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Back 6.15.2009

Dominique Rollin Talks to Zipp

Battling unrelenting rain and headwinds for almost 7 hours, Dominique Rollin won stage 4 of the 2008 Tour of California by simply riding away from George Hincapie, America’s top Classics rider, and Iker Camaño, another ProTour veteran. Following that display of raw power, a jump from the US circuit to the ProTour was inevitable and Dominique signed with Zipp sponsored Cervélo Test Team for 2009. Starting strongly his first European pro season, the 26-year-old French Canadian has shown why so many experts have labeled him a top prospect for the Spring Classics.
You had a number of offers from major teams for this season. Why did you choose Cervélo TestTeam? Was it important to go with a Canadian sponsor?

Dominique Rollin: I’m quite proud to be involved with such an innovating brand, and as a proud Canadian it is more than an honor to be riding and working with a Canadian world leading brand. I did have a few options coming towards the end of last year season and I saw a great opportunity in Cervélo. On top of being able to work and learn from well respected and famous riders like Carlos and Thor, I saw a new idea emerging from the team which was putting the Pro meaning a bit further. As far as racing goes, with a young team of new upcoming talent to surround well experienced riders, it was a heavy bet to take and the way we have been bounding together made it happen surprisingly fast. But the cohesion happens easily because of a shared idea of team spirit and mutual help and involvement. Not only are the riders and staff are part of the team but so is every single person including sponsors. Everyone helps each other to improve and get better and it’s that fellowship that helps create a strong core that we’ve seen since our first race in Qatar.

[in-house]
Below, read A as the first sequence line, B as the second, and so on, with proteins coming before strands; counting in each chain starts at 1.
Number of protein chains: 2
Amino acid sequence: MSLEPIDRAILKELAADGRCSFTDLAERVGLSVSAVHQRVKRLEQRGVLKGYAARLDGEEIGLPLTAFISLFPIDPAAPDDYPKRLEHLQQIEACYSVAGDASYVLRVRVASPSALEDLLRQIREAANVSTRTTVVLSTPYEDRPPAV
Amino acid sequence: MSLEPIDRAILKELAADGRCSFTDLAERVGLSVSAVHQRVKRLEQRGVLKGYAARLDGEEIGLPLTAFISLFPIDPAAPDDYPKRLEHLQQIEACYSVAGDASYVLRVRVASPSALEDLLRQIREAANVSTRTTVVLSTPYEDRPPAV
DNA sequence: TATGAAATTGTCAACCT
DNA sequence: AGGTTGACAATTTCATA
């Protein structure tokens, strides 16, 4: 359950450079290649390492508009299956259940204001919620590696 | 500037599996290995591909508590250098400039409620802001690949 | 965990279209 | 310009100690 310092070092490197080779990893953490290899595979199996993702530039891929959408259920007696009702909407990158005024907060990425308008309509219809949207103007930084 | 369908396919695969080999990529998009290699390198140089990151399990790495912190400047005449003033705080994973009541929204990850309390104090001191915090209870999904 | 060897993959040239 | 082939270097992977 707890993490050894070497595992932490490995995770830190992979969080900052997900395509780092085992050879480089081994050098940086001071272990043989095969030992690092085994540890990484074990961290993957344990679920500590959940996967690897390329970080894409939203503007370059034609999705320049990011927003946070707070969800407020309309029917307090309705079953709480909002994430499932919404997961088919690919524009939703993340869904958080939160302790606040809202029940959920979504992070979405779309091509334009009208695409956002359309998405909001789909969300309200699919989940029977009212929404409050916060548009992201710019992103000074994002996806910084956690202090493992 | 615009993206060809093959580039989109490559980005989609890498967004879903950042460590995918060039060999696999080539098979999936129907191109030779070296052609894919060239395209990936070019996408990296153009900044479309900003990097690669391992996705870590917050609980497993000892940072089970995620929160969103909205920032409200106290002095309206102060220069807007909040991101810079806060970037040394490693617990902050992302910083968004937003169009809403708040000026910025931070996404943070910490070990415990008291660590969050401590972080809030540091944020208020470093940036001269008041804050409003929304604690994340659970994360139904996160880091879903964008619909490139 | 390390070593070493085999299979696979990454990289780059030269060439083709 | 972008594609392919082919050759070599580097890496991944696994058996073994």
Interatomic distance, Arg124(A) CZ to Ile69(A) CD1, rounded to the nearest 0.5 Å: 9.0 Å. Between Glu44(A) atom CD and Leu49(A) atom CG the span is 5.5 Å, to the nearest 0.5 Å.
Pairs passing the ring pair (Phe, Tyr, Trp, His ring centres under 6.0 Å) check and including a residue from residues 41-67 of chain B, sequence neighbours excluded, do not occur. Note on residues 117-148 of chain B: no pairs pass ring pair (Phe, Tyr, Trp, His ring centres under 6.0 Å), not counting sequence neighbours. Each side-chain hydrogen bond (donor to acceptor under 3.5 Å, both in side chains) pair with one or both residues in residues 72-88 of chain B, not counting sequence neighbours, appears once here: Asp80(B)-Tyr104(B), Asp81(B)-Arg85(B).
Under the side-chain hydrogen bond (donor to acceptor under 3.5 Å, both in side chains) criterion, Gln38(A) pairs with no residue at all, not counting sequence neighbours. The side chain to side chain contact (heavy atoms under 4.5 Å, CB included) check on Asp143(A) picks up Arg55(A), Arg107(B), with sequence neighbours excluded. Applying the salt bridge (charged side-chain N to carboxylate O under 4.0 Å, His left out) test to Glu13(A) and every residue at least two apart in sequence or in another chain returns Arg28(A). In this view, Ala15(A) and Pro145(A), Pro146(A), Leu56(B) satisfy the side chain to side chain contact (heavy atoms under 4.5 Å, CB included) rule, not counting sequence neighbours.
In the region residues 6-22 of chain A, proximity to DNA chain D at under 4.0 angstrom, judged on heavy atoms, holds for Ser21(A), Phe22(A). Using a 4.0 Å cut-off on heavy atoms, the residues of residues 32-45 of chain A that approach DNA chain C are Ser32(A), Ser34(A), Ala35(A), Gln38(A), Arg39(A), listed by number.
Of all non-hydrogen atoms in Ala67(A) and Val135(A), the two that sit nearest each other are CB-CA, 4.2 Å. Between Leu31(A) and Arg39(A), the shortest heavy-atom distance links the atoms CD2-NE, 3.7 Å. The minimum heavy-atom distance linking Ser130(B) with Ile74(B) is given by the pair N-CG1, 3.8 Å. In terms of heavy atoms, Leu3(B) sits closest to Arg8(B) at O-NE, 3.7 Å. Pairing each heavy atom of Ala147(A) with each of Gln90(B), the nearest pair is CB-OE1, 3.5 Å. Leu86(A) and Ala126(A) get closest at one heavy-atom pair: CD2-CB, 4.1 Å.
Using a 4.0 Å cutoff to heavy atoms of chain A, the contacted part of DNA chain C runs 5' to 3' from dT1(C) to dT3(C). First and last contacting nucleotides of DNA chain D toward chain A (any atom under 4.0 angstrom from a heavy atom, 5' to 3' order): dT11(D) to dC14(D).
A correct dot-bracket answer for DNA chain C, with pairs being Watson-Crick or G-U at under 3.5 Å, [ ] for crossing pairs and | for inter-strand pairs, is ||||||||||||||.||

You spent three seasons in France with the VC Roubaix amateur team, and then went back to North America for two years. How did that affect your progression relative to the guys you raced against when you were with VC Roubaix?
Dominique Rollin: (actually it’s 3 seasons in France but only one at VC Roubaix) Coming from a European Amateur background helped me expressing myself the first year I was in the US, no one knew me. I could get away in a break and win the sprint. But it didn’t take long to be known and spotted. My height doesn’t help. The good thing is that my two years on the North-American circuit serves me the same way in Europe. Being unknow from the Euros will probably help me in the first years, but don’t say it to loud. I’d like to surprise them at least once in a while.
At 6’2”, 180 pounds, you’re bigger and stronger than almost anyone else in the peloton. How does that affect what wheels you choose to ride?
Dominique Rollin: This has never been a fun challenged for me; we are in most of the occasions bounded to a sponsor and have to use their products. In many occasions it turned out to be to my disadvantage. Luckily this year we are in a great position where we get the cool stuff prior to everyone else and get to try the harder/stronger/stiffer/faster equipment, wheels being one of those. The great thing, I must say, is if the wheel resists me, no customer would ever have trouble with their set.

Canadian riders have a reputation for being independent and self-sufficient. Do you see yourself that way? How does that help you?
Dominique Rollin: I do need time on my own and my little space to keep the focus while on races but I don’t think we are selfish. We just need room to relax and change our mind from a hard demanding job which pushes us to break boundaries with all we know and love. A new home, country, races, team and infrastructure. The only thing that allows me to take a break from all these adaptations is a bit of time on my own and get lost in my little habits, or should I say daily pleasures.
A lot of people think you have the power and tactical instincts to win Paris-Roubaix some day. What do you need to accomplish before you’re ready to win a race like that?

Dominique Rollin: Learn those races, ride and ride some more on the parcours. It’s such a different style of racing of what I’m used to that I need time to adapt to the speed, the intensity, the nervousity and technicality of those races. This year first presence was an amazing learning field and being thrown out there was the best way to get to tame those northern races. I give myself a few more years to evolve to an actual classic riders, until then I’ll be glad to help team mates who are the Belgium artists like Heinrich, Thor, Andreas.